Sick Of After Work Emails? Adam Bandt Reckons We Need Better Digital Working Rights

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Pretending to pay attention to the endless activity in your work’s Slack channel after hours could soon become a thing of the past, as Australia takes the first steps to enshrine our right to disconnect.

As anyone who’s received an email from their manager titled “URGENT” at 7:00 pm on a Friday night knows, work hours often extend far beyond 9-5. While technology like Zoom and Slack has made work comms way easier, these platforms have also enabled work to claim a bold new foothold in our personal lives.

In response to this encroachment into our precious time after work, there’s been a growing movement to protect workers who don’t feel like being communicated by their employers while they’re not being paid, known as the right to disconnect. Originating in France back in 2001, the right to disconnect has been adopted by many countries including Italy, Slovakia, Canada, and the Philippines — now politicians in Australia are even considering it.

“Australia’s laws haven’t kept up with the spread of technology,” Leader of the Greens Party Adam Bandt tells Junkee. “I mean, our workplace laws were drafted at a time when people didn’t have mobile phones and readily available means of communication.”

This week the Greens are proposing to amend Australian employment laws to legally enshrine the “right to disconnect”, granting employees protections for ignoring communication from work after hours. Bandt argues that the right to uninterrupted downtime after work needs to be extended nationally to ensure everyone from white-collar office workers to shift workers who are expected to follow last-minute roster changes.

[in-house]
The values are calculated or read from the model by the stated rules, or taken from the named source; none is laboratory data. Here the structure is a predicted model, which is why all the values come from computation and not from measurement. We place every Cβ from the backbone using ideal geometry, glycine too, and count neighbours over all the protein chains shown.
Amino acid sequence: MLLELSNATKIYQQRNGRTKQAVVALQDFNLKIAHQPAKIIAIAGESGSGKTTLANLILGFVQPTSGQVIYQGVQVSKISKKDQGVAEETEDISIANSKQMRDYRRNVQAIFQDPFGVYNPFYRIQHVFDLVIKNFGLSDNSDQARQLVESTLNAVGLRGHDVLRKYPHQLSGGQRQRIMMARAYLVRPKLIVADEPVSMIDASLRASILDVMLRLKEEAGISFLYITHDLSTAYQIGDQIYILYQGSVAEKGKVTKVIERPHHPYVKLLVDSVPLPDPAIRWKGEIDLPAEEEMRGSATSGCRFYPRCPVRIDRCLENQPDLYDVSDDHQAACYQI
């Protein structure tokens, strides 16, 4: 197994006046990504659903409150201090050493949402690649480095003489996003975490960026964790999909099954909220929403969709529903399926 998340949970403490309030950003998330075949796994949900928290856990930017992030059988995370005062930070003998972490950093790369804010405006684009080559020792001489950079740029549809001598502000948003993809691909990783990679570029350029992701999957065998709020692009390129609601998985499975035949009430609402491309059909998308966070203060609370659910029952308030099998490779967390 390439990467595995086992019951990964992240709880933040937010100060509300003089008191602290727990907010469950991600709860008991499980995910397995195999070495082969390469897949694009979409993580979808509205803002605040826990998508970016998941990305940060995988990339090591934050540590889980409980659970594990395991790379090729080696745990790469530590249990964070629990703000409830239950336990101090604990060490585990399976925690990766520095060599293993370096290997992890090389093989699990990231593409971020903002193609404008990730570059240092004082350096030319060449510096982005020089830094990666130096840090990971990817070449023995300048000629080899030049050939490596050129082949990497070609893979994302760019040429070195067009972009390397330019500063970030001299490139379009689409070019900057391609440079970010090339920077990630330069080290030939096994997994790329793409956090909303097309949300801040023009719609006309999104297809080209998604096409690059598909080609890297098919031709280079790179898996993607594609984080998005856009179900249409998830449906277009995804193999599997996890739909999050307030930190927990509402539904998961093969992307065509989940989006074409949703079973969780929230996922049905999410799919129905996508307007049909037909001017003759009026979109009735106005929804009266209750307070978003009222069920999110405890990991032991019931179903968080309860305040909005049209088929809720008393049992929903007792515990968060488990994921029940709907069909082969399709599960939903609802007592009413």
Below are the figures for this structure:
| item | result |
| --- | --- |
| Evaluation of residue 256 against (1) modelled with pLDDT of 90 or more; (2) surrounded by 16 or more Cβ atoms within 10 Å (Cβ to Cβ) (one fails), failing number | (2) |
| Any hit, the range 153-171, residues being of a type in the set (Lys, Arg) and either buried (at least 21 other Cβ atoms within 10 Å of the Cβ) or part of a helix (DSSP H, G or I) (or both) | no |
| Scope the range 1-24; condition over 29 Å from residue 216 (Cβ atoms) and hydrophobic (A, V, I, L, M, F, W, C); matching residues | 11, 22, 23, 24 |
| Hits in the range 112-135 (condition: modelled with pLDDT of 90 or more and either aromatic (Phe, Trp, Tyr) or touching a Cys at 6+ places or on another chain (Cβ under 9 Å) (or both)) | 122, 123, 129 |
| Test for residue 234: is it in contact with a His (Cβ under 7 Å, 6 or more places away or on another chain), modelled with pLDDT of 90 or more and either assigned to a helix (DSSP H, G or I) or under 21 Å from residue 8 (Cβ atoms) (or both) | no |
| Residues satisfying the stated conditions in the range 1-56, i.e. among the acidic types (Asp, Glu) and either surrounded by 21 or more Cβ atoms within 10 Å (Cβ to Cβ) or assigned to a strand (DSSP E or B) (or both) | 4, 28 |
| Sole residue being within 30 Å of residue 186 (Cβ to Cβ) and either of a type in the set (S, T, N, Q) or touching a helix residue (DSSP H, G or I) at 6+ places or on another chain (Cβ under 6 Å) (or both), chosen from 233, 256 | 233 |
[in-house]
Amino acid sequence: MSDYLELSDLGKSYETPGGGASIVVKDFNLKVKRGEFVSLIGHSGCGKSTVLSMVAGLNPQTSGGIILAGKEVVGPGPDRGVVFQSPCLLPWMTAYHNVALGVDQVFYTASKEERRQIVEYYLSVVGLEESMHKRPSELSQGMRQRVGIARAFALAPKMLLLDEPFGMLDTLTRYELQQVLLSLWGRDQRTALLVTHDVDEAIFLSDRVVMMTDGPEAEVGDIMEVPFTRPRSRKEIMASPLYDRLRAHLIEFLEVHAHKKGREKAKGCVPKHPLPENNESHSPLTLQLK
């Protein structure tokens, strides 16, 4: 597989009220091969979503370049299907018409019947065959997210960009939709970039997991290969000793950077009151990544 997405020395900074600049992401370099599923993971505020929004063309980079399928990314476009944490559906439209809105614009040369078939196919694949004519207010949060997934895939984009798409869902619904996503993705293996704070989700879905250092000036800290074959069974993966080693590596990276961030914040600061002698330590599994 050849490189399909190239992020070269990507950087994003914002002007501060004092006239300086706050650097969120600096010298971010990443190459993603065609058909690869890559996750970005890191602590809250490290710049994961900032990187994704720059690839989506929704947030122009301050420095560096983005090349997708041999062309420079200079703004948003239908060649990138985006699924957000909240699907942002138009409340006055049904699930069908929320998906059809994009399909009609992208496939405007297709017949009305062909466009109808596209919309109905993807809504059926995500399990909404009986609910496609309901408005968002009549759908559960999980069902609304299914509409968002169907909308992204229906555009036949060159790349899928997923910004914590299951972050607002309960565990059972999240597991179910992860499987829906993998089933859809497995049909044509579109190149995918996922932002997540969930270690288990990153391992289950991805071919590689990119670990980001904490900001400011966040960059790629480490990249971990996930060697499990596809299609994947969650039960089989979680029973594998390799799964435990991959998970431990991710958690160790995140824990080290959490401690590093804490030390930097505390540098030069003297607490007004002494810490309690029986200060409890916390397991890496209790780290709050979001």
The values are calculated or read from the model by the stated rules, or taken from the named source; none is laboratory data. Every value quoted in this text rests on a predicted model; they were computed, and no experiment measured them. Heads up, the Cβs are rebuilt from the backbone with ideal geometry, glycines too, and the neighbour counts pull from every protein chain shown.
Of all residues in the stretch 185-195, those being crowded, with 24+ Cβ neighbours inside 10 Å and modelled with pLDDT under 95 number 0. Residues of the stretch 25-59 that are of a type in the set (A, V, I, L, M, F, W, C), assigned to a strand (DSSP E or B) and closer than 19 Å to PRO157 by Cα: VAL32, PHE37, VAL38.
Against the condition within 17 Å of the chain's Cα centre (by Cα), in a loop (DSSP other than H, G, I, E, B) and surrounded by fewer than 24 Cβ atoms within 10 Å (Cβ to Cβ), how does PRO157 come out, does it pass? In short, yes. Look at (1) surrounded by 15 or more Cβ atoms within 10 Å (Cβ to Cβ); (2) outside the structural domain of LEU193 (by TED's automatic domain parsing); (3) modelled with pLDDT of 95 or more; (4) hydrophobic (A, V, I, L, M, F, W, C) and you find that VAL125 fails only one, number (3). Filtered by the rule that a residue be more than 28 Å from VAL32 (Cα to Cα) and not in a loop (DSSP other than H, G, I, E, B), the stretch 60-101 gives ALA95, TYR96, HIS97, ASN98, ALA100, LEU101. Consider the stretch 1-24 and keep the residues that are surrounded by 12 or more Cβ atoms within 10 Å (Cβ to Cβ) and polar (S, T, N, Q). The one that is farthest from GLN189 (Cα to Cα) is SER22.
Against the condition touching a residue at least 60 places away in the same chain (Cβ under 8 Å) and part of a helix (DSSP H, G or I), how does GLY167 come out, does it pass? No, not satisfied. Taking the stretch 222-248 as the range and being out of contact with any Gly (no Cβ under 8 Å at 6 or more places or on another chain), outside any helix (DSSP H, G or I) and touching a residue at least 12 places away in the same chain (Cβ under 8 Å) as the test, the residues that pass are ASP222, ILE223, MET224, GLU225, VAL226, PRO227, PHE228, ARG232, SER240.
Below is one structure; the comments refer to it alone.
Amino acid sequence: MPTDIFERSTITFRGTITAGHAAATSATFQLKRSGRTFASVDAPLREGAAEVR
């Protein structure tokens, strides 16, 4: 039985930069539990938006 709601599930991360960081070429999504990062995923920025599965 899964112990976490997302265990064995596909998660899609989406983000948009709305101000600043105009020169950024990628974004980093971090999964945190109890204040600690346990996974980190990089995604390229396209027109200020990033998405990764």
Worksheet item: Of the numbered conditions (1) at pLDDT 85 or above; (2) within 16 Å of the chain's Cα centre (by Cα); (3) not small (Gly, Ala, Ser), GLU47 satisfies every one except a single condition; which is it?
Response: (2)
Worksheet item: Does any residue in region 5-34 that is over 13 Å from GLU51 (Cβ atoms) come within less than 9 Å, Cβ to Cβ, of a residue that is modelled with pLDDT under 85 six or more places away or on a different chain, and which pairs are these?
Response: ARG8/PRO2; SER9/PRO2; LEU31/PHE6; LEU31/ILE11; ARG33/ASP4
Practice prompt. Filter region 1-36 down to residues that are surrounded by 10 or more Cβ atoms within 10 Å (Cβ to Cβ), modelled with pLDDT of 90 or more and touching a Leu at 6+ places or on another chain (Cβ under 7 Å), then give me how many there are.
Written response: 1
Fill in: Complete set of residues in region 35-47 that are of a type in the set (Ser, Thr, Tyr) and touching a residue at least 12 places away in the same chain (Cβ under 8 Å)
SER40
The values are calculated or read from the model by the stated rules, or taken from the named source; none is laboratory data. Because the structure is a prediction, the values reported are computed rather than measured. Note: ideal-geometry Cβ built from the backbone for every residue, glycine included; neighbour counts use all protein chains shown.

“If you are expected to be available on call all the time, it affects your personal life, your home life, and your family life. It makes people less healthy and puts additional stress on people to be always on and always available. This is about making people’s lives better and changing the expectation of bosses, who shouldn’t be able to expect that people are available outside of working hours if they’re not getting paid for it.”

As discussed during a Greens-led Senate committee last year on work and care, the inquiry recommended a suite of changes from ensuring workers are protected from declining extra shifts at late notice to trialling a four-day work week. Bandt argues that the right to disconnect is just the first step needed to make Australian employment suitable for modern work.

“People are increasingly being expected not just to be available out of hours, but often to work more hours than are necessary to actually get their job done,” Bandt says. “Workplace arrangements have changed a lot and have started to shift towards an expectation that anyone could be available online at any point anywhere. We need to reset post-pandemic and ensure that people have the right to switch off.”

The Greens will present the legislation as a private members bill today, which they are hopeful will pass with Labor’s support.